The Sincere Sincerity of Ronald Reagan, the Best President of the Last 100 Years

–Richard E. Vatz, Ph.D.

There is little a professor of political rhetoric can say that is new regarding the finest conservative president of our time, and, in this professor’s opinion, the finest president of the last 100 years, Ronald Reagan.

I want to commemorate the 100th anniversary of President Ronald Reagan’s birth by referencing an observation I made with my co-author Lee S. Weinberg in a Baltimore Sun op-ed piece on August 20, 1981 titled “Reaganspeak and the New Imperial Presidency;” namely, that Ronald Reagan was a unique presidential character respecting his rhetorical sincerity.

Sincerity has always been a fascinating character dimension to me — oversimplified, it means the lack of deception.

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The great majority of people we meet in a lifetime seem to us as acting out of utilitarian goals — what advantages them or what advantages their policies.

Fewer people act on behalf of principles — mostly conservatives, but not only conservatives (see the late Minnesota Senator Paul Wellstone). Paradoxically, one of the least sincere presidents — and that is a pretty high standard — was Richard Nixon, famous for his locution, “It would have been politically easy to do “X,” but we did “Y” because it was the “right thing to do.”

But, again, few presidents are ingenuous sorts: when Barack Obama gets angry in a speech, it sounds as if he has made a strategic decision to get angry to energize his support.

On the rare occasion when Ronald Reagan sounded hot under the collar, no one suspected he was acting: in the 1980 presidential debate when he was threatened with the turning off of his sound, then-Governor Reagan furiously asserted, “I paid for this microphone!” Similarly, when he famously said, countermanding some of the advice from his aides, to Mikhail Gorbachev at Brandenburg Gate in West Berlin, “Mr. Gorbachev, tear down this wall,” no one entertained even the thought that President Reagan didn’t have the courage of his convictions.

Finally, let me reference the slander made famous by perennial Democratic aide and consultant Clark Clifford that Ronald Reagan was an “amiable dunce.” Resisting the urge to look at irresponsible policies Mr. Clifford supported, it is interesting to examine the intelligence-judgment dichotomy that I discuss with my classes each term.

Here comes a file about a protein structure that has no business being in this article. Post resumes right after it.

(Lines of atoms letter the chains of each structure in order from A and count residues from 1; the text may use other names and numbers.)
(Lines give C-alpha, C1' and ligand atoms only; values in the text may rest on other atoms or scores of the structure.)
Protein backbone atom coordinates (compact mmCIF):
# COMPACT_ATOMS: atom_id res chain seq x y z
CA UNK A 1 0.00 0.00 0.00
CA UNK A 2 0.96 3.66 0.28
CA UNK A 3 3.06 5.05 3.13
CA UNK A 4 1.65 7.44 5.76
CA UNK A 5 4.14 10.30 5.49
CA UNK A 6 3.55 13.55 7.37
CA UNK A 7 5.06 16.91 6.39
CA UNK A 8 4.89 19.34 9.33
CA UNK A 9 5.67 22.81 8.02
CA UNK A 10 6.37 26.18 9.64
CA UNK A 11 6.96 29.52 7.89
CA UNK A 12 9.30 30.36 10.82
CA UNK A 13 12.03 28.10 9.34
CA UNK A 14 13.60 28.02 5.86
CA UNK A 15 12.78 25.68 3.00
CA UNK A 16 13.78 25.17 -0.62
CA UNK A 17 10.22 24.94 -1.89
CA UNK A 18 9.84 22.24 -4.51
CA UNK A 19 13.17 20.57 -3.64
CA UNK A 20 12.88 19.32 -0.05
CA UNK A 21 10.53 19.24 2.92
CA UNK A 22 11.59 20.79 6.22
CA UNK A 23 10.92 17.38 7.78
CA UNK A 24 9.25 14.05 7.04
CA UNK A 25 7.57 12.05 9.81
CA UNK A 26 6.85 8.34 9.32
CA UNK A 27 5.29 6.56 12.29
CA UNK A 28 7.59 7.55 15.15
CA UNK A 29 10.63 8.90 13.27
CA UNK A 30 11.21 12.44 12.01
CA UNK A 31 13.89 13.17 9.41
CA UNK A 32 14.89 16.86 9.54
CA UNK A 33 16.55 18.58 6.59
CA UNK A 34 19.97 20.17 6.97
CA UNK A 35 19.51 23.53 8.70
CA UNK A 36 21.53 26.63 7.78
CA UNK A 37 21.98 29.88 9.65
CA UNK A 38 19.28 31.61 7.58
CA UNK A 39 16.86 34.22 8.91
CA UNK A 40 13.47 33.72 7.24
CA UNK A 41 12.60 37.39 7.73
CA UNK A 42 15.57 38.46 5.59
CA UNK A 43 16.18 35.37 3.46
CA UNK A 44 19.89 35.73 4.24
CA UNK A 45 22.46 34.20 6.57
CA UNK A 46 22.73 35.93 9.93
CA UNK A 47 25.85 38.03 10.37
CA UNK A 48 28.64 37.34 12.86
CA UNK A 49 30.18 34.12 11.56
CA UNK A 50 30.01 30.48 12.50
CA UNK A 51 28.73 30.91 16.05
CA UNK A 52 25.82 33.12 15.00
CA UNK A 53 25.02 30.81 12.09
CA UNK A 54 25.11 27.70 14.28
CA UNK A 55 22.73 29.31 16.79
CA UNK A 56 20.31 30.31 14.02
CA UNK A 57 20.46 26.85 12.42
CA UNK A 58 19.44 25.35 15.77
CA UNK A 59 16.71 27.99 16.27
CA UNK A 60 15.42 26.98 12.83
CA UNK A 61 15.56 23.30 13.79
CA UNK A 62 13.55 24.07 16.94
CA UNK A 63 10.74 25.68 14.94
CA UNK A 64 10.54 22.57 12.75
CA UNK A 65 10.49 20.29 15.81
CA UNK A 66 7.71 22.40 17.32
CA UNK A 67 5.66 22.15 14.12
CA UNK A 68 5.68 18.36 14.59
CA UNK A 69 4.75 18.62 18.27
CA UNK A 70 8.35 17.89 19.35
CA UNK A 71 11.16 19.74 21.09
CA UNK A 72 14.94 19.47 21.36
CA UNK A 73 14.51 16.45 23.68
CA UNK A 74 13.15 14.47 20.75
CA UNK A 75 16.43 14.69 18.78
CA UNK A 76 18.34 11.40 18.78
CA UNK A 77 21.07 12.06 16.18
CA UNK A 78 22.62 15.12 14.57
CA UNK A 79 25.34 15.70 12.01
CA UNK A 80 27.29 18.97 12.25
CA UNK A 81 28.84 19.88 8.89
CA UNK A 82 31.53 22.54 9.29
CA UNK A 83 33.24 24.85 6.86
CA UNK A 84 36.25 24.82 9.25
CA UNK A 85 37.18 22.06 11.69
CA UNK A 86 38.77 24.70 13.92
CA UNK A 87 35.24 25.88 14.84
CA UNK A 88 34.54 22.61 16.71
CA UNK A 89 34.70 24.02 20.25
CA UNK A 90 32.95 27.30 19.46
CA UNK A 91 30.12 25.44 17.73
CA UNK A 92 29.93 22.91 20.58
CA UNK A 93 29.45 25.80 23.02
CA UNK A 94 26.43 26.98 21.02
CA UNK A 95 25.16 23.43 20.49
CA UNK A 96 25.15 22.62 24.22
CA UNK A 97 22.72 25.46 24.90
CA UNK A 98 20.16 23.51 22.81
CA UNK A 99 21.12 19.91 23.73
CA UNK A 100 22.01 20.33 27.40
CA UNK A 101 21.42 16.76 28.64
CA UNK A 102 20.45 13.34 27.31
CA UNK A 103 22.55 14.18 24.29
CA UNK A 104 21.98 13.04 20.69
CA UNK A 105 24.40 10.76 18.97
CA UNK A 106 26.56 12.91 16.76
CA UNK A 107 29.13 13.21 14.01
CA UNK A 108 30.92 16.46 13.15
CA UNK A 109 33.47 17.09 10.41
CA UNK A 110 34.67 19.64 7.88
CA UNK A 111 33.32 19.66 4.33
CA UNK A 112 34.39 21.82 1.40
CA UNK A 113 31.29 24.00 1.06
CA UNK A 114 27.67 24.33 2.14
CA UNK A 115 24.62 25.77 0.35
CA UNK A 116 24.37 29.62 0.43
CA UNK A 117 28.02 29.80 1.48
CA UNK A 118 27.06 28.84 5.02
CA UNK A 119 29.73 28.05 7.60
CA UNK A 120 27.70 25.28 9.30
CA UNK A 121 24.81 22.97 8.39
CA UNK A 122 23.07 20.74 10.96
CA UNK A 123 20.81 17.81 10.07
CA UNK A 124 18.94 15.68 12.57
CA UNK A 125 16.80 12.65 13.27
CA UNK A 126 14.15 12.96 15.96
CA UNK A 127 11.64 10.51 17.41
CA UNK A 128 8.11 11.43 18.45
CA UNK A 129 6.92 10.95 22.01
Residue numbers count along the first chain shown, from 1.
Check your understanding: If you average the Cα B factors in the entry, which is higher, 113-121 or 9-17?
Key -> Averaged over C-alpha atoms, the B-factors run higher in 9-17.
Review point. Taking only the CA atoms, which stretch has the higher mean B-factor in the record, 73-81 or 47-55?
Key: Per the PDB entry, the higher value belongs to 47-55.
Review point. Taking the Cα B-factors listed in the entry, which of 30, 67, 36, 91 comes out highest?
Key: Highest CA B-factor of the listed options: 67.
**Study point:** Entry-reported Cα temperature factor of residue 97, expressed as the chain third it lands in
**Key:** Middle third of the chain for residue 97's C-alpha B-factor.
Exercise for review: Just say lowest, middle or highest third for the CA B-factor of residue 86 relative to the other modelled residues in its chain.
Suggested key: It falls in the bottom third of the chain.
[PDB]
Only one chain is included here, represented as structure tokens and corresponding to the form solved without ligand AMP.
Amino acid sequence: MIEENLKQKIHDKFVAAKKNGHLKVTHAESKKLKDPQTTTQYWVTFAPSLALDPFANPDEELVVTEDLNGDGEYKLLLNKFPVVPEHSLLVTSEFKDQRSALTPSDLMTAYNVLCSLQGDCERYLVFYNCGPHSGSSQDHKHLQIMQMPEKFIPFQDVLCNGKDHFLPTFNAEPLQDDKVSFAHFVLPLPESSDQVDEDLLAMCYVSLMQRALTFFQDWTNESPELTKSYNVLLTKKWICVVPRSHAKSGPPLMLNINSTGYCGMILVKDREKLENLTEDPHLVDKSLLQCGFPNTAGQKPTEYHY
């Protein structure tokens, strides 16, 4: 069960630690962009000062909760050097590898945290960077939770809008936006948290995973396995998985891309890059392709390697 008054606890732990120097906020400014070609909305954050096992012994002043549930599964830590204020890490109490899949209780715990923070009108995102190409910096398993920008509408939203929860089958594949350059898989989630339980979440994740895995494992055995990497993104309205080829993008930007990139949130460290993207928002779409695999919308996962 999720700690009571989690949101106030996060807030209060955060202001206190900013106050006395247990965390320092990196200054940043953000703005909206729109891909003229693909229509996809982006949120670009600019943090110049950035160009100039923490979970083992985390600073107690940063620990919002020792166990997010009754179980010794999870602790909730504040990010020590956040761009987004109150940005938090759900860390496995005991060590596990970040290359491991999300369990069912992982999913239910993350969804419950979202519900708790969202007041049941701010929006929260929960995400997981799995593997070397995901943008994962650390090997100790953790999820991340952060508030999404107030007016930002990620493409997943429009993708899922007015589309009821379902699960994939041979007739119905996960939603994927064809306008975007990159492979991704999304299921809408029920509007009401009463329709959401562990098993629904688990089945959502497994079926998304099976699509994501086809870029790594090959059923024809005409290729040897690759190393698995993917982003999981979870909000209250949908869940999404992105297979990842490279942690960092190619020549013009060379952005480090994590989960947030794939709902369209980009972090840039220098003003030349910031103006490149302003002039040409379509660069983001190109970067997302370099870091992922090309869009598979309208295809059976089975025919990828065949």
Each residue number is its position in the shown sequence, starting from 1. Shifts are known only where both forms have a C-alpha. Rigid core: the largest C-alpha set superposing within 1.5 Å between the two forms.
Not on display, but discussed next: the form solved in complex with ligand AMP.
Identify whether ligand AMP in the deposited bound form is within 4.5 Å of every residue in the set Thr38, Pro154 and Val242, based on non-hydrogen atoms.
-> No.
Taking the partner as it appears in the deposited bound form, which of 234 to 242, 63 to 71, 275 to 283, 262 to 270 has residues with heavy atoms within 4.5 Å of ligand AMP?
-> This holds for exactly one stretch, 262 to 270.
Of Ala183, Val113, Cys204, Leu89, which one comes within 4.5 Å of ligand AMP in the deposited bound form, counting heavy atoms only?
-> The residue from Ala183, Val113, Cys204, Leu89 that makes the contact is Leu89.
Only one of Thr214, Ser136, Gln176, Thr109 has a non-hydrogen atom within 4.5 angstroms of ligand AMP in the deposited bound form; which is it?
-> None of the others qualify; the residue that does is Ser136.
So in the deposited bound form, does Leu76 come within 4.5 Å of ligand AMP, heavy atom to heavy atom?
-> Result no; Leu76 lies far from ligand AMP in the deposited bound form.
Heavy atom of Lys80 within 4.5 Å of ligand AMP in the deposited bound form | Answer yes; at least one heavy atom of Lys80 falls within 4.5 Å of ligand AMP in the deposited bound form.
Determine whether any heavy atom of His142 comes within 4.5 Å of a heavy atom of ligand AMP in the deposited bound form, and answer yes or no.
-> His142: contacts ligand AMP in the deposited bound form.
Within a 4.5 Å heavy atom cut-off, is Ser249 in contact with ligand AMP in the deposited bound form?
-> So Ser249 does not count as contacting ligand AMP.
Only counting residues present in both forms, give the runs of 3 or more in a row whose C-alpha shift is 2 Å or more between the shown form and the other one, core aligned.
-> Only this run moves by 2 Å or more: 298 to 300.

I once asked William F. Buckley (sorry for the name-dropping, but I was on his Firing Line show in 1985) what he thought of the criticism that President Reagan was “unintelligent.”

He replied that if you had given President Reagan a standard I.Q. test that he would do about “average,” but that his judgment was his real stock-in-trade. I was not surprised at his answer; Mr. Buckley often talked about the misperception of perspicacity inferred from “intelligent” but misguided intellectuals — see his God and Man at Yale among many other writings which made this point.

Again, specific successes are widely known and acknowledged: President Reagan’s victorious consistency in foreign policy; his laying the groundwork for the fall of the Soviet Union; his conservative fiscal policies; and his pragmatic conservatism without ugliness. And, yes, there are no two-term presidents without failures, such as the bombing and killing of 241 Marines in Lebanon, followed by a precipitous withdrawal.

But, most of all I shall remember his personal countenance: the sincere sincerity of a political man who knew what he believed and didn’t need to consult opinion polls to discover what was prudent public policy.

His was in toto a conservative’s conservative: he believed in hard work and reward; individual responsibility; the moral and political responsibility of the world’s greatest superpower, and the power of principle.

We shall not likely see his like again in the presidency.

Professor Vatz is professor of rhetoric and communication at Towson University

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